What else does the Shia Personal Status Law do to women?

It legally eliminates them from being able to claim child custody or leave home without a husband or father’s permission. It also happens to make it legal for men to marry children. It is staggering to note that Shinkai Karokhail of Afghan parliament claims that the law as it stands now is “still an improvement.”

Was it an improvement for Lubna Hussein? She was among a group of 19 women arrested in July for wearing dress trousers. While she has yet to receive her 40 lashes (she refused to plead guilty on the spot like the others), Hussein is blacklisted and cannot leave the country.

Notice where the "X" is (Photo: flickr.com)

Notice where the "X" is (Photo: flickr.com)

What about for Kartika Shukarno? Malaysia is a form of democracy, so how can Islamic laws be applied? The answer is that Malaysia has Islamic courts in addition to more standard civil courts. Since Shukarno is Muslim, and Muslims are forbidden from consuming alcohol, she was fined $1,400 and sentenced to caning – six strokes of a rattan cane, to be specific. Shukarno has received a reprieve from the caning for the time being, but has been given no assurance that Islamic authorities won’t attempt to carry out the punishment at a later time.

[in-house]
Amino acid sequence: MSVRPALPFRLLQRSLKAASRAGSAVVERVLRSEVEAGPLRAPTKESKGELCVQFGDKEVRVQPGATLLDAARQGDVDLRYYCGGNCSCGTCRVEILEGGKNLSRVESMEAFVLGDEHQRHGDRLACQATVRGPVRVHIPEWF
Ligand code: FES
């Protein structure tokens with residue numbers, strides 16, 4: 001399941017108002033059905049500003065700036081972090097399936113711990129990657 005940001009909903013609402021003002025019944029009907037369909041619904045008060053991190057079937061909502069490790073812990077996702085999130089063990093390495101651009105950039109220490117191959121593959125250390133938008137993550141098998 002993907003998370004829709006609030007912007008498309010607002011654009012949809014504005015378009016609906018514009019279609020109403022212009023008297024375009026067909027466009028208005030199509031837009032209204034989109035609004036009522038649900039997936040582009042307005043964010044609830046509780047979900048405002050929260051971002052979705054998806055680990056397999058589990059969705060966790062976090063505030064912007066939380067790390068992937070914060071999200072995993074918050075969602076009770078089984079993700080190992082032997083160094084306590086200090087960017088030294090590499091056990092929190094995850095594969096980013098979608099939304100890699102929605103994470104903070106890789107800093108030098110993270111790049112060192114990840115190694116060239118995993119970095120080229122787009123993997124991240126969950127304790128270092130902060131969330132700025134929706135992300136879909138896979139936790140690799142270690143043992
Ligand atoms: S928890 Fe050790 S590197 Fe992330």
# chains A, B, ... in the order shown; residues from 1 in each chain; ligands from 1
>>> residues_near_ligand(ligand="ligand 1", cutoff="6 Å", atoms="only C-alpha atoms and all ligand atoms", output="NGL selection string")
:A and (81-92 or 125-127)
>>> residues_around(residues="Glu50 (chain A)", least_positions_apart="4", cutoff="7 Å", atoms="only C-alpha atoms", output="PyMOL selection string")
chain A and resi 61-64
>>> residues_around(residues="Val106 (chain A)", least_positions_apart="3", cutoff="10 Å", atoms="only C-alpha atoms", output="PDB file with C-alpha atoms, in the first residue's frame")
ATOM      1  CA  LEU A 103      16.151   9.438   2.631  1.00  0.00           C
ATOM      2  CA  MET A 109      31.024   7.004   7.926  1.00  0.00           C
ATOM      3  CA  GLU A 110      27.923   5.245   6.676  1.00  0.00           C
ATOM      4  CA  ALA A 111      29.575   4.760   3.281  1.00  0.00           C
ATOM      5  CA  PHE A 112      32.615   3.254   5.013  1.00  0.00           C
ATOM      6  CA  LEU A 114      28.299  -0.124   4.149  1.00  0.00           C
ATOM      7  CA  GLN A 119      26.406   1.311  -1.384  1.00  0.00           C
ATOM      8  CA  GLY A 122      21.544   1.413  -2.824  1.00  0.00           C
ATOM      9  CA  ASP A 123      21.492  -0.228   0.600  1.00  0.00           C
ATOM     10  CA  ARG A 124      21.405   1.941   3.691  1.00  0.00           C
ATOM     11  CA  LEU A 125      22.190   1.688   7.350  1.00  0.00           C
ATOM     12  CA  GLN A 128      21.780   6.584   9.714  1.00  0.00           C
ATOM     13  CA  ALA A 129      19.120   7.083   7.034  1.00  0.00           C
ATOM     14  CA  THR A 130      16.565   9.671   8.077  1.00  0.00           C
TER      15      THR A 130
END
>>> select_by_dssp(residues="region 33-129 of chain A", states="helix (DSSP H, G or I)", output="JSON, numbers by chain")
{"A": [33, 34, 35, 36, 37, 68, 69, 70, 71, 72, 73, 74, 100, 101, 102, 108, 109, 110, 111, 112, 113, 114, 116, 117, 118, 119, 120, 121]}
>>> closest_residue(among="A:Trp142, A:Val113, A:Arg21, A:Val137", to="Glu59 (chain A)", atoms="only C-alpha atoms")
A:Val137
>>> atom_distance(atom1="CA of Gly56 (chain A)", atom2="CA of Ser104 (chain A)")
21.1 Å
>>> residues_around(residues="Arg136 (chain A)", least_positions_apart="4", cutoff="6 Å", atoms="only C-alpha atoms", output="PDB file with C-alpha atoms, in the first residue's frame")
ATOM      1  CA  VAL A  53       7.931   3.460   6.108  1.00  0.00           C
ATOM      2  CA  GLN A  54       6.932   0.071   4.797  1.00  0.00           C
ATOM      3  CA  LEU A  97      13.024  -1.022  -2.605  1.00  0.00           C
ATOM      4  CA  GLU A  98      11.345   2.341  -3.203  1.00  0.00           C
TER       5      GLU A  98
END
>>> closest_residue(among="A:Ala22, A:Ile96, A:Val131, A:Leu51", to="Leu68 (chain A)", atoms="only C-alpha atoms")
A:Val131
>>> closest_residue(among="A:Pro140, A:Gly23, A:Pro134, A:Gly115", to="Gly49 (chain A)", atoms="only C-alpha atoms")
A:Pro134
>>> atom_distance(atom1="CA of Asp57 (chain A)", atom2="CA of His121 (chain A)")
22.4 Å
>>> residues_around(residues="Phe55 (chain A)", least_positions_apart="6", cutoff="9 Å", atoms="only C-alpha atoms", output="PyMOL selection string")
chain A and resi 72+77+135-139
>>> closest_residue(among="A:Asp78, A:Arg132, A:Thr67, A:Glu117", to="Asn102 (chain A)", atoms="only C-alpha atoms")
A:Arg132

Oh, but it’s not about pain. None other than the President of the Sharia Lawyers Association of Malaysia said, “It’s not about causing pain, it is about educating others and about teaching the person a lesson.”

Patriarchy and robotic Muslims

Post-colonial Muslim societies in places like Afghanistan, Sudan and Malaysia fall sway to the idea that religious piety must be displayed publicly if it is to mean anything. Considering the patriarchal nature of Islam, it isn’t surprising that women are subjected to the brunt of law. But what is equally disturbing here – as Zakaria points out – is that the need for individual conscience is being phased out by fanatical enforcement of corporal and capital punishment against all potential sins. Once individuals are removed from the need to think for themselves about what is appropriate within their culture, they cease to be individuals. They cease to be thinking human beings.